A feedback path is formed within controller 10 so that current motor operation may be used to control continuing motor operation. Thus, output terminals OUTA, OUTB, and OUTC are returned to a block of sequence decode and output switches 24. Switches 24 selectively couple these signals to a back emf amplifier 26 for evaluating the back emf of the floating coil of motor 12. Further, the center tap voltage, VCT, and a slope output from switches 24, are also coupled to back emf amplifier 26. Zero crossing detector 28 determines the zero crossing point by comparing the back emf to the center tap voltage (i.e., VCT) and, concluding the point is reached when the two voltages are equal. This zero crossing point determination is coupled to control circuit 14. Sequence decode and output switches 24 also output the slope of the back emf for the floating coil during each particular sequence, that is, whether each such signal is negative-to-positive going, or positive-to-negative going. As known in the art, such an indication is used to ensure accuracy of motor operation. For example, the slope indication prevents zero crossing detector 28 from wrongfully responding to a sudden voltage spike as opposed to a true zero crossing event. This slope information is also coupled to control circuit 14.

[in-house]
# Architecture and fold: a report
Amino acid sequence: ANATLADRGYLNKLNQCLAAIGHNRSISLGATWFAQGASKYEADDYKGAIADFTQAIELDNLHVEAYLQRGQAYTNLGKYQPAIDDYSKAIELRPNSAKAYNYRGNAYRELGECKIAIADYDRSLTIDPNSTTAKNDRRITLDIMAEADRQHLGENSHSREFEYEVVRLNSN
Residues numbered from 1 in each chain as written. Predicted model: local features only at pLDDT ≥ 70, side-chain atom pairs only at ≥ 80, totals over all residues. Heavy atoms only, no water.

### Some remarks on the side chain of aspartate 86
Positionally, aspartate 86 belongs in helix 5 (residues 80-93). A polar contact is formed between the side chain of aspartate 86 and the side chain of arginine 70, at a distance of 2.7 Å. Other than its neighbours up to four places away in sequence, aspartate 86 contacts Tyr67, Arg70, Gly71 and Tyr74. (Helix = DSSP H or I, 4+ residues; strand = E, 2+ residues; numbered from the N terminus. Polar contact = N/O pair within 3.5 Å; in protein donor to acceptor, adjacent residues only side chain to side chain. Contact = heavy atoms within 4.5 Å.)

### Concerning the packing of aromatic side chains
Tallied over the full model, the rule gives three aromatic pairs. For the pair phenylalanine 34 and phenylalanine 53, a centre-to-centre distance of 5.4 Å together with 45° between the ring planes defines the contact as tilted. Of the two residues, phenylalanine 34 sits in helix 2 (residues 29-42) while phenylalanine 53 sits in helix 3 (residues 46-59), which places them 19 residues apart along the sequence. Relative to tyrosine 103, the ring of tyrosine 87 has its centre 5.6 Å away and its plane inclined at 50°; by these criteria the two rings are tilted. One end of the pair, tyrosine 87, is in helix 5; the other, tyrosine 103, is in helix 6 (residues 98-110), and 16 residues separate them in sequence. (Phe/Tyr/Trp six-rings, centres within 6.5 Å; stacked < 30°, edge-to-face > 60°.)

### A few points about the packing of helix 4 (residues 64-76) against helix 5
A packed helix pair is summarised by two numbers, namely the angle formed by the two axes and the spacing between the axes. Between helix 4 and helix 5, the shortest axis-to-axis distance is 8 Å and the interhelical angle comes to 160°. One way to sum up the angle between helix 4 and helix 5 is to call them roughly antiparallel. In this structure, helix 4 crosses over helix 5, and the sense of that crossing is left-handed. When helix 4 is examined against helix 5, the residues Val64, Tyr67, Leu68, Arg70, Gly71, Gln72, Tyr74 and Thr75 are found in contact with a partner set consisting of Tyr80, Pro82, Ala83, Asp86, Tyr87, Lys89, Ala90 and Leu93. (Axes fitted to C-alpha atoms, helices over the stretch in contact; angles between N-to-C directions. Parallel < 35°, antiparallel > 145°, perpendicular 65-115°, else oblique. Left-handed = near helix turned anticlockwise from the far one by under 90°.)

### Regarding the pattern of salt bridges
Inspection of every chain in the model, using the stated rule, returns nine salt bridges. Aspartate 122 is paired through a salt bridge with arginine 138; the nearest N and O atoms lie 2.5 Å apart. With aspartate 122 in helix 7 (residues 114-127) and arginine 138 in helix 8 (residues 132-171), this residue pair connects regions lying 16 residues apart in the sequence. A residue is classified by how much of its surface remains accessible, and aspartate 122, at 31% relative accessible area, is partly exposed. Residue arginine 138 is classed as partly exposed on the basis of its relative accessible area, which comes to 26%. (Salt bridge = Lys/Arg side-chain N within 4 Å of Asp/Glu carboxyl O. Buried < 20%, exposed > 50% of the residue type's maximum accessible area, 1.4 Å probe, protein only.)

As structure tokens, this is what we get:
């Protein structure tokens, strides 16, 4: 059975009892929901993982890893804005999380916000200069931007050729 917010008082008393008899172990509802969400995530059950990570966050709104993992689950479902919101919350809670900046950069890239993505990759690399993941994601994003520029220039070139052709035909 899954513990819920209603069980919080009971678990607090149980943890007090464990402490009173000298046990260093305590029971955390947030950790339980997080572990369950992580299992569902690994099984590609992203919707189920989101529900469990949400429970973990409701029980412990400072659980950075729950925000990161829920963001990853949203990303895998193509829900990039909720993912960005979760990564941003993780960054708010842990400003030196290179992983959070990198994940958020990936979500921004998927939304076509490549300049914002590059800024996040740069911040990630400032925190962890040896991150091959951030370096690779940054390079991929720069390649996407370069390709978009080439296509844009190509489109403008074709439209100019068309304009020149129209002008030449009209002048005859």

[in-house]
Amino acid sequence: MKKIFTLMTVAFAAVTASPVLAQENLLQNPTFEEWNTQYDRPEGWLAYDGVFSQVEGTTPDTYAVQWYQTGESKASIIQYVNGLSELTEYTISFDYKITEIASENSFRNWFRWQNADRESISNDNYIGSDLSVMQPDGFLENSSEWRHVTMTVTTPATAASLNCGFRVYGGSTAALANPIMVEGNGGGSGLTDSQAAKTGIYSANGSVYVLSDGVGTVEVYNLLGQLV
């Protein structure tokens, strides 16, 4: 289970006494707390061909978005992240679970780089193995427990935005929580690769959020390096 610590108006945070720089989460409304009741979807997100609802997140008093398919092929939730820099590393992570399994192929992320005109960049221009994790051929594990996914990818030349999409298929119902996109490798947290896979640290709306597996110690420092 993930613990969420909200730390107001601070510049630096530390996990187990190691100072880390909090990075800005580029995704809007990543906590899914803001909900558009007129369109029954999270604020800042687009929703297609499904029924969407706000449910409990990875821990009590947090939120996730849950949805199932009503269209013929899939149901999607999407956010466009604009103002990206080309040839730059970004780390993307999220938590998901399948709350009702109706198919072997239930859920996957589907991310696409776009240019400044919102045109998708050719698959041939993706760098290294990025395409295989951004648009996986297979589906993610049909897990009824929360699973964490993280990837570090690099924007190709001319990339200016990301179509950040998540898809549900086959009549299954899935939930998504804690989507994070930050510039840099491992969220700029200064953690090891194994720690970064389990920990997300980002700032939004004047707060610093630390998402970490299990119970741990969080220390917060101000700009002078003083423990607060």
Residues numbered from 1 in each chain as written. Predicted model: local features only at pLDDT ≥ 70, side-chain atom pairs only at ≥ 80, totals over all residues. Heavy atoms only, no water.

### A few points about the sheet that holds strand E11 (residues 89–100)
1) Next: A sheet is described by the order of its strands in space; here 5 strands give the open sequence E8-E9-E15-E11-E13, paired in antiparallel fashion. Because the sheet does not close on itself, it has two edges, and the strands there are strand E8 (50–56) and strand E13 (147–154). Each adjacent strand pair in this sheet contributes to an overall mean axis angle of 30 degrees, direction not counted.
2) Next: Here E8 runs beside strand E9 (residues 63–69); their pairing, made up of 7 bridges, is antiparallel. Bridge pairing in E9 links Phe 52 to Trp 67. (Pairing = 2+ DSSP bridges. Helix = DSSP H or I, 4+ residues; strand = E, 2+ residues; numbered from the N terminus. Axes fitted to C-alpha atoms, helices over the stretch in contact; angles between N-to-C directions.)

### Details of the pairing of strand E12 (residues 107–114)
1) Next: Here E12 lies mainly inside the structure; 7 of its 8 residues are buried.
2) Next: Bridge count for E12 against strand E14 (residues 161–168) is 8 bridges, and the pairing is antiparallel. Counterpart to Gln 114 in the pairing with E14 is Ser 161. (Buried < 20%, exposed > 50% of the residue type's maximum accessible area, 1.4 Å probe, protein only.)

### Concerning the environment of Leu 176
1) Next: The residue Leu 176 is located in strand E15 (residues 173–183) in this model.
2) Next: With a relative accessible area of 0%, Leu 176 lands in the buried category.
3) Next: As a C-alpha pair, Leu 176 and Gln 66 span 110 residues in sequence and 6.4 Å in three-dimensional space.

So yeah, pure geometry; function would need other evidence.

FIG. 2a illustrates motor 12 and a simplified schematic of the power circuitry driving each of the coils of motor 12 in the bipolar mode. Each of stator coils A, B, and C is driven by a pair of MOSFETs. Particularly, stator coil A is coupled between a pair of FETs 30A and 30A', coil B is coupled between a pair of FETs 30B and 30B' and stator coil C is coupled between a pair of FETs 30C and 30C'.